And the Republicans in the US Congress, who invited Netanyahu to address them, are deeply suspicious. Partly because they do not trust Iran, but perhaps also because they do not want President Obama to achieve a major diplomatic coup. They will try to make the deal fail. Yet opinion surveys show that a large majority of Americans do not want another military adventure in the region and would welcome a diplomatic solution.

What are the chances for the negotiations? For Iran, failure would mean unending sanctions and increasing economic hardship. Not a happy outlook. For America the nuclear deal is not so central. But it would be a major setback for President Obama and leave the rest of his term looking barren. So, in spite of statements like that of the Supreme Leader Ali Khamenei, perhaps aimed at domestic critics, negotiations are likely to succeed - especially since so many major issues seem to have been addressed in the Framework Agreement.

India has deep interests in the region and major strategic shifts there will matter. We source most of our petroleum from the Gulf countries, and some six million Indians live there, seeking a better livelihood. Saudi Arabia will remain a key trade partner as our largest oil supplier. Yet the Kingdom's proximity to Pakistan will make it difficult for us to be strategic partners. We have longstanding friendly links with the UAE, Kuwait and other GCC states which deserve our sustained attention; but their size limits a larger role. Our traditional non-aligned friend, Egypt, is engrossed with its own internal matters and is not likely to play the key regional role it did some years ago.

That leaves Iran. Major changes can have unexpected consequences. A post-nuclear-deal Iran may look westward for technology and investment and to China for infrastructure and consumer goods, leaving us with our old friends weakened and Iran indifferent. Let us not forget that we were much closer to Saddam Hussein's Iraq than to the Ayatollahs' Iran.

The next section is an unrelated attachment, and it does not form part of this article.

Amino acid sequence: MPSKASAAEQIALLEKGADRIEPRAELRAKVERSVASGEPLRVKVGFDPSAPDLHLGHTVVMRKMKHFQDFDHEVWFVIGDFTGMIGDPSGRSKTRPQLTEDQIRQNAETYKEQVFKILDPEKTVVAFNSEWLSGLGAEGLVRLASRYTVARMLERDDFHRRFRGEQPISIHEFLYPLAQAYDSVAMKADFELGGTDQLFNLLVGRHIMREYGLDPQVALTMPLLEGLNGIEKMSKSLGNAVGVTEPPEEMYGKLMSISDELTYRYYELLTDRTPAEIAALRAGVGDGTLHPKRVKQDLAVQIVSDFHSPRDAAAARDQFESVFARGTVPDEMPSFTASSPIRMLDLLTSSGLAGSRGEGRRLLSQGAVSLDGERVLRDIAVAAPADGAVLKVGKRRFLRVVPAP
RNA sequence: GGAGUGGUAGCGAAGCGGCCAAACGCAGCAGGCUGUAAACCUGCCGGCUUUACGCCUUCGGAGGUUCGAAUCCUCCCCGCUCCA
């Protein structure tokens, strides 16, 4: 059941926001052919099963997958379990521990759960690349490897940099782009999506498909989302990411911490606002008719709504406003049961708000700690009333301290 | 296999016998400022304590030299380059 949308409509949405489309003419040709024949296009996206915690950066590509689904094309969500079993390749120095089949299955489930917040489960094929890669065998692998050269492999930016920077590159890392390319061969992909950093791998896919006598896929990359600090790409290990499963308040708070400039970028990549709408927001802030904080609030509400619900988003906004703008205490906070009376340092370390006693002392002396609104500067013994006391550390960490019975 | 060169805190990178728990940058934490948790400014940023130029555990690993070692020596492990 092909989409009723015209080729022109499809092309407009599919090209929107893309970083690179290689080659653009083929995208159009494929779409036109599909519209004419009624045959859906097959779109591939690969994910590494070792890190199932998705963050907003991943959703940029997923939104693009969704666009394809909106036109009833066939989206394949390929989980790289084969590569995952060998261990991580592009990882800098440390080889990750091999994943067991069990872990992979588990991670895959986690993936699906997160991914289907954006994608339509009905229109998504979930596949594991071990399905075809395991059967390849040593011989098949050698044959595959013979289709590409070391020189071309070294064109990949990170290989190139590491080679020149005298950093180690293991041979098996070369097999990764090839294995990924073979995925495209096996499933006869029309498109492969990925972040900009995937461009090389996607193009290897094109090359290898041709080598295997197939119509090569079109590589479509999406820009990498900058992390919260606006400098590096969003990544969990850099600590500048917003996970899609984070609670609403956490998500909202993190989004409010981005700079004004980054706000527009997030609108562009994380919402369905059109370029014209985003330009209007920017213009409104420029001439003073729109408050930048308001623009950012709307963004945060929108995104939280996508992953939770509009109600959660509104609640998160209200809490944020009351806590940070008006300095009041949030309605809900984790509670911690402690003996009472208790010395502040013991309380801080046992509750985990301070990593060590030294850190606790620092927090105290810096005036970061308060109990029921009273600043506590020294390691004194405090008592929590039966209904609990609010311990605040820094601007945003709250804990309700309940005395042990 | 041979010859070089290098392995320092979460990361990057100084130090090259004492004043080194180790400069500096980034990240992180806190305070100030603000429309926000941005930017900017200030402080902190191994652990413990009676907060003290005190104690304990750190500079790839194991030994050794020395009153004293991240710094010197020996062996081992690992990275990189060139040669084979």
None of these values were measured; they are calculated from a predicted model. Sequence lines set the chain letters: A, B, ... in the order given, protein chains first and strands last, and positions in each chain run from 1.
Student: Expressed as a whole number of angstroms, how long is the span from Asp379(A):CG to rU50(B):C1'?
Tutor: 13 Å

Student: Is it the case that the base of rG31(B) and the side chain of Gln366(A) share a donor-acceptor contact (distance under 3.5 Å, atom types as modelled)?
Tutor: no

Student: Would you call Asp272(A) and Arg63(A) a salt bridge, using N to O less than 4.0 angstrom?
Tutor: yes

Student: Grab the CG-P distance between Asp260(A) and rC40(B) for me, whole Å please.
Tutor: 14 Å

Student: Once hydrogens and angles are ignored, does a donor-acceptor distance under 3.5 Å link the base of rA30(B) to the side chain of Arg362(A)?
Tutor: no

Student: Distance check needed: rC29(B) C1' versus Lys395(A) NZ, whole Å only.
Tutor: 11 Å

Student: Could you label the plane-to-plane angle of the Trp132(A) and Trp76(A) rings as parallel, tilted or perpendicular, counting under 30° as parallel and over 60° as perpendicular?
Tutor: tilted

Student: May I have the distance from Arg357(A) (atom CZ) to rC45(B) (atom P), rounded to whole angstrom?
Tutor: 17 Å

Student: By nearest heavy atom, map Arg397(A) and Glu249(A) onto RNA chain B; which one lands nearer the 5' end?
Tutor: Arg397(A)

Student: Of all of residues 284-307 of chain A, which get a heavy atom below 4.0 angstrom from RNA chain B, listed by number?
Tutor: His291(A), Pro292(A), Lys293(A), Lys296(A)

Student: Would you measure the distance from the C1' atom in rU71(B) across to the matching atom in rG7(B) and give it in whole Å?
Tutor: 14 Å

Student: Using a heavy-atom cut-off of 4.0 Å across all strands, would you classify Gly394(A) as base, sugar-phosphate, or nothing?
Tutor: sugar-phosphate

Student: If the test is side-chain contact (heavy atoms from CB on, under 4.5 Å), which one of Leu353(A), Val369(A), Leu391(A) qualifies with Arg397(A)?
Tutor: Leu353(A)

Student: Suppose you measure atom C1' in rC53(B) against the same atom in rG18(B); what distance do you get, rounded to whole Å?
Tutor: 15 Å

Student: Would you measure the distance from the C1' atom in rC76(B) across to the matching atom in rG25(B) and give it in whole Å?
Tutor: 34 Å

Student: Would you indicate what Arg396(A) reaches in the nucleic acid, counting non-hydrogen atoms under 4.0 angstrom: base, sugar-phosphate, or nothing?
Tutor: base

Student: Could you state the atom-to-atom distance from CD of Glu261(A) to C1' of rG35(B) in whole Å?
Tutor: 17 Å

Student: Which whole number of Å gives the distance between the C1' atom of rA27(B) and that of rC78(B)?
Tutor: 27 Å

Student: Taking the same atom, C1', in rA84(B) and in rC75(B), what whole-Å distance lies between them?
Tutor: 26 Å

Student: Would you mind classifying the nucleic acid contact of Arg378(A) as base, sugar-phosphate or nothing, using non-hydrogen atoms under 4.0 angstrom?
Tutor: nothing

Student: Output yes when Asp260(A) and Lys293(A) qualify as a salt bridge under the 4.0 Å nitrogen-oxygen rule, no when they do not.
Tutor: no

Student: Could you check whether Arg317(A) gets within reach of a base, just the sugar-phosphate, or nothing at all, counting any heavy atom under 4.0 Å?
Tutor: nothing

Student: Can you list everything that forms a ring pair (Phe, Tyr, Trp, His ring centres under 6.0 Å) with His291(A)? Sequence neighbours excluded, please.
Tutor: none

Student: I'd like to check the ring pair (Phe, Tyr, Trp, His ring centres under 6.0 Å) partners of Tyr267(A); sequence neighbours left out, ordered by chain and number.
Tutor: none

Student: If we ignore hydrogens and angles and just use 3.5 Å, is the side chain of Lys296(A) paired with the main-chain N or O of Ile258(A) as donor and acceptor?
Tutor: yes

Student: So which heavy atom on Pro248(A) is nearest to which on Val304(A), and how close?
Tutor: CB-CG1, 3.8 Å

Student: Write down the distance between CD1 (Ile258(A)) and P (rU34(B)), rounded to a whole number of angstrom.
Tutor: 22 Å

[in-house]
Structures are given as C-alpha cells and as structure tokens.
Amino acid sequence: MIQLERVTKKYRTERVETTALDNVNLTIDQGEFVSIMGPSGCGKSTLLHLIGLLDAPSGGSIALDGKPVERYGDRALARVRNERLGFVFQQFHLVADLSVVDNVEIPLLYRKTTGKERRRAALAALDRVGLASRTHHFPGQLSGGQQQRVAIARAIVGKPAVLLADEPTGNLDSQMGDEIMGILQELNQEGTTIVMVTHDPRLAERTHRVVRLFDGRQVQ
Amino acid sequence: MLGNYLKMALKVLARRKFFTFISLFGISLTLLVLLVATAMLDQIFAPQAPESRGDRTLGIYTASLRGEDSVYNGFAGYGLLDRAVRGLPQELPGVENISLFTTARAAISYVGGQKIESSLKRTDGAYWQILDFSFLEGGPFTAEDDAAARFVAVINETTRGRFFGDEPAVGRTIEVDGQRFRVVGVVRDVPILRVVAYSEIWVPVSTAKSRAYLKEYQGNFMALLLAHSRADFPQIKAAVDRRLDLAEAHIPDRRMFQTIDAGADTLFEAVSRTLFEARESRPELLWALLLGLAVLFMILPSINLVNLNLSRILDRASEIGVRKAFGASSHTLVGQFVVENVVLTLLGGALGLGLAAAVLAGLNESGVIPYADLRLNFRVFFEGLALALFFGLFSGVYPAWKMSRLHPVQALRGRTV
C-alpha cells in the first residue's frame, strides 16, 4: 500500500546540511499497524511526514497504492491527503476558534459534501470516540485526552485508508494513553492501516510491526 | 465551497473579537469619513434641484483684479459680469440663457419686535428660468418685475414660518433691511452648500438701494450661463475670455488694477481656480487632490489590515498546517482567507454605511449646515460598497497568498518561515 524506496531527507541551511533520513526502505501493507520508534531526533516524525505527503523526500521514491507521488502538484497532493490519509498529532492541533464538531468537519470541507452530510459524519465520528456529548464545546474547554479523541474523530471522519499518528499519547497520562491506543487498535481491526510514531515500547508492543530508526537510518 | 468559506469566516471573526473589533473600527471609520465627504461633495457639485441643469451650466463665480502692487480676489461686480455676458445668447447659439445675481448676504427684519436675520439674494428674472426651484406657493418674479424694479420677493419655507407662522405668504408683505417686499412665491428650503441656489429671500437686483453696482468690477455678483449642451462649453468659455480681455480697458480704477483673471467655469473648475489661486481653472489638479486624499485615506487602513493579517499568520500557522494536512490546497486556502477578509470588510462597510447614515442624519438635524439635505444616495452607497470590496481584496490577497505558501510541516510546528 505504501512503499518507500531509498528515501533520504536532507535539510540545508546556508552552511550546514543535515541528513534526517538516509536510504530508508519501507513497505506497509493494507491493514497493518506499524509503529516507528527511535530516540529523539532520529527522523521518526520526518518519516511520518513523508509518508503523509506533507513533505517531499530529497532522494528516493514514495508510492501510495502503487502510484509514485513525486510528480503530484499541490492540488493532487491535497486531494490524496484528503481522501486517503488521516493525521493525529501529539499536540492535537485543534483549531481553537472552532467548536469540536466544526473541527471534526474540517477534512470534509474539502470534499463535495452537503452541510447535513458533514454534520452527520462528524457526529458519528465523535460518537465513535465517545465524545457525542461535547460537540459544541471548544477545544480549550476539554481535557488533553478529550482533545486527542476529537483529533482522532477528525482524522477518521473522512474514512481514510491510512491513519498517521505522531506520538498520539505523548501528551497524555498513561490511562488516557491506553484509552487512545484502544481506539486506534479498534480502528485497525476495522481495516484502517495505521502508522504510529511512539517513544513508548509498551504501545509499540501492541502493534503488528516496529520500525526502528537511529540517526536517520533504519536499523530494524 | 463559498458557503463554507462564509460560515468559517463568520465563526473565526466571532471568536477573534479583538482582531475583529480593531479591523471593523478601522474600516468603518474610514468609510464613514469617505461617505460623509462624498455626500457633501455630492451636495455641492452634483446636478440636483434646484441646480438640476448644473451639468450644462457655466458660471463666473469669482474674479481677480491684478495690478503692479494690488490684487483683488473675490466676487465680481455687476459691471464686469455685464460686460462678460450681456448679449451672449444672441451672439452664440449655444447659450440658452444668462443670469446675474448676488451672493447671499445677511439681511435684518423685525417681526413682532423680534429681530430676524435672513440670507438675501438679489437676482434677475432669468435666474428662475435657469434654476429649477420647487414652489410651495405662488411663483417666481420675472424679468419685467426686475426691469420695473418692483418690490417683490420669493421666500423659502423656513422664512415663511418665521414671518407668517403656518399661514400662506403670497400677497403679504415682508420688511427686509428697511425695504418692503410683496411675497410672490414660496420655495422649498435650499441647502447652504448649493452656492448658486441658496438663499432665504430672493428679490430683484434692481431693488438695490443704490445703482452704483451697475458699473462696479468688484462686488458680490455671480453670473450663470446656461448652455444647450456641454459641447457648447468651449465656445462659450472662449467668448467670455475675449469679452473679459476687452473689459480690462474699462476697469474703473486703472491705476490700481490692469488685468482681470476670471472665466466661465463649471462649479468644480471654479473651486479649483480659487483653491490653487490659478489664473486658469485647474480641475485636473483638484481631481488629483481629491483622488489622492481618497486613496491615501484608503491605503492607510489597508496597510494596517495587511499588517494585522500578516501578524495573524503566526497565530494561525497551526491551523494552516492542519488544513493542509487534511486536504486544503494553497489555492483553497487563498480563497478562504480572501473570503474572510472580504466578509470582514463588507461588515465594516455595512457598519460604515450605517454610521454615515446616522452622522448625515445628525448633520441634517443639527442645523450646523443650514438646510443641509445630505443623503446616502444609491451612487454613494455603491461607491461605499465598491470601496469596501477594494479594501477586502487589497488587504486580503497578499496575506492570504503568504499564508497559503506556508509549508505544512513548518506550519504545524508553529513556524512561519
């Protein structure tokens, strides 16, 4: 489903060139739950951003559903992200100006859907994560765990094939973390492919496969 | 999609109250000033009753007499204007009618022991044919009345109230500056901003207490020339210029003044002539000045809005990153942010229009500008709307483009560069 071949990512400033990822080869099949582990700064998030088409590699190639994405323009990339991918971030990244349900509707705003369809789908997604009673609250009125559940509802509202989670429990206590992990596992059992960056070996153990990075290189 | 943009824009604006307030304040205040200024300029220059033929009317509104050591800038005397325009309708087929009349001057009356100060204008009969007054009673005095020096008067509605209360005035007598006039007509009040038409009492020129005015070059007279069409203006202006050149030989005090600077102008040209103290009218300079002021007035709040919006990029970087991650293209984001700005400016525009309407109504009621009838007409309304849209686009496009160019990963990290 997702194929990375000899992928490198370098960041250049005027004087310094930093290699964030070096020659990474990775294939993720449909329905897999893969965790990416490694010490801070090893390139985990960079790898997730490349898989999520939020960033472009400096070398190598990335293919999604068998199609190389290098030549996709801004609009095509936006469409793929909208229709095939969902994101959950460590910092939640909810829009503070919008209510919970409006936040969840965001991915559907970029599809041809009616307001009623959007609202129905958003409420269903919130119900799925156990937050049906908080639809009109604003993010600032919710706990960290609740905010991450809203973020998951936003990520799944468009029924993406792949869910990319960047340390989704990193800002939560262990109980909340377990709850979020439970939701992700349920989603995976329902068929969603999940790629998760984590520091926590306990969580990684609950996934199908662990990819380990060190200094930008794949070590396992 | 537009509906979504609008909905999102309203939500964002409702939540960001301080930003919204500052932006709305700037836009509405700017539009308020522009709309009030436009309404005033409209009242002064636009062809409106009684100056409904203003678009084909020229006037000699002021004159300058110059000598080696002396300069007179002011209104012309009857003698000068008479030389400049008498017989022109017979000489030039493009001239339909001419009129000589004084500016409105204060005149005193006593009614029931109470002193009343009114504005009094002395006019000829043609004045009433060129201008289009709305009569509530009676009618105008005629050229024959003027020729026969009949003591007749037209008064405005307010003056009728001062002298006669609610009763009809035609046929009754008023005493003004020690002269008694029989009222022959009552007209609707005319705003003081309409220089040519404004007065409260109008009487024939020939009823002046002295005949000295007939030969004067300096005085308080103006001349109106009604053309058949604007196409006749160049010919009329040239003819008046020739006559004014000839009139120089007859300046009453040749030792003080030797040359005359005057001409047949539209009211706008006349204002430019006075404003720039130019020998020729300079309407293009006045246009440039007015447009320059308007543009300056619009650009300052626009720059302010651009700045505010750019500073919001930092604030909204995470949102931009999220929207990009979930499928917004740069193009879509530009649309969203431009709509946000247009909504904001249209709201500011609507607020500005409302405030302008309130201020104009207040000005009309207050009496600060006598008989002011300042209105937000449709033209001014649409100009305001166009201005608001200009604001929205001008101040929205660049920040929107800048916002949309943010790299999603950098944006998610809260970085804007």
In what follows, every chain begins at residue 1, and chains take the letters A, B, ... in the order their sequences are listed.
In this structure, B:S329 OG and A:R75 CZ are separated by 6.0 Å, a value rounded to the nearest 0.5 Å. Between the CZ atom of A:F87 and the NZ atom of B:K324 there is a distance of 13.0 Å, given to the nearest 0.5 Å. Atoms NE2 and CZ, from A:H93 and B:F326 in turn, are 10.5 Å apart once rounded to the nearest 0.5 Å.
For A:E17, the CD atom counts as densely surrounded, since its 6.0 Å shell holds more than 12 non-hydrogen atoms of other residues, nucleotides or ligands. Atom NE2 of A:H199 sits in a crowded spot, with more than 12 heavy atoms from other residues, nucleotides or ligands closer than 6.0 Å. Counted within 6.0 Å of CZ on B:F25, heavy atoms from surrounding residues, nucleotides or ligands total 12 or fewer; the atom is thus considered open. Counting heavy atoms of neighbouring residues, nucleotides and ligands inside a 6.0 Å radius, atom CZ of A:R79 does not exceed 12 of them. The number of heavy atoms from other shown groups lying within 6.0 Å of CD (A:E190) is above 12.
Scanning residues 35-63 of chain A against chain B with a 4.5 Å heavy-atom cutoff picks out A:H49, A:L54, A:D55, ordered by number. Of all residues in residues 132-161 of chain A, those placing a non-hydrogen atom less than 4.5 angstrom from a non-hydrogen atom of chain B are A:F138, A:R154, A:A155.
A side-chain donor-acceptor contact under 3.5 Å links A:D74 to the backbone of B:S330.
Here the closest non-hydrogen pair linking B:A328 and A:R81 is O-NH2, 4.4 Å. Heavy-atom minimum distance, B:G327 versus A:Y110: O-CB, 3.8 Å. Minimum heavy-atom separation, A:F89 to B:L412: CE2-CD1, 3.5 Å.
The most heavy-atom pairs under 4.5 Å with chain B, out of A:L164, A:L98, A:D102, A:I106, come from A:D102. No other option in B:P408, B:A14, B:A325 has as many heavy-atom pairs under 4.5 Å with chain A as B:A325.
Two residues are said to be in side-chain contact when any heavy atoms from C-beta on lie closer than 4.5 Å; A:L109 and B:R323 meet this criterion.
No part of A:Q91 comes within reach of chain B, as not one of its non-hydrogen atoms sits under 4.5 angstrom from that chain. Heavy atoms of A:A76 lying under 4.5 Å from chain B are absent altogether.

Yet we do have certain advantages if we can use them effectively. Our imports of Iranian oil, and increasingly gas through an undersea pipeline, could rapidly be stepped up. In return we could provide Iran refined petroleum products. We can be a major supplier of foodgrain, horticulture, spices and other agricultural products. Pharmaceuticals are another promising area, as are IT services and some manufactures - we have already been supplying Iran certain types of steel. We could encourage Indian companies to make investments in all these sectors. So, the potential exists to build a solid economic and financial relationship with Iran.

Could we go further and build a more strategic relationship? While it needs to be done gradually and skillfully so as not to alienate our older regional partners, defence cooperation especially in training should be a possible area. It is unlikely Iran would look westward for this - except to purchase advanced weapon systems - or to China with whom they have few shared traditions, or to Sunni Pakistan, so closely allied to the Kingdom. Such strategic cooperation would open for us possibilities of access through Iran to the Central Asian republics and cooperation in Afghanistan where Iranian interests are complementary to ours.

Let us hope the euphoria of the Teheran crowds does not prove a false dawn. But before we can join the euphoria we need to measure and manage the risks in order to benefit from the new potential opened up.

Uday Abhyankar is a former diplomat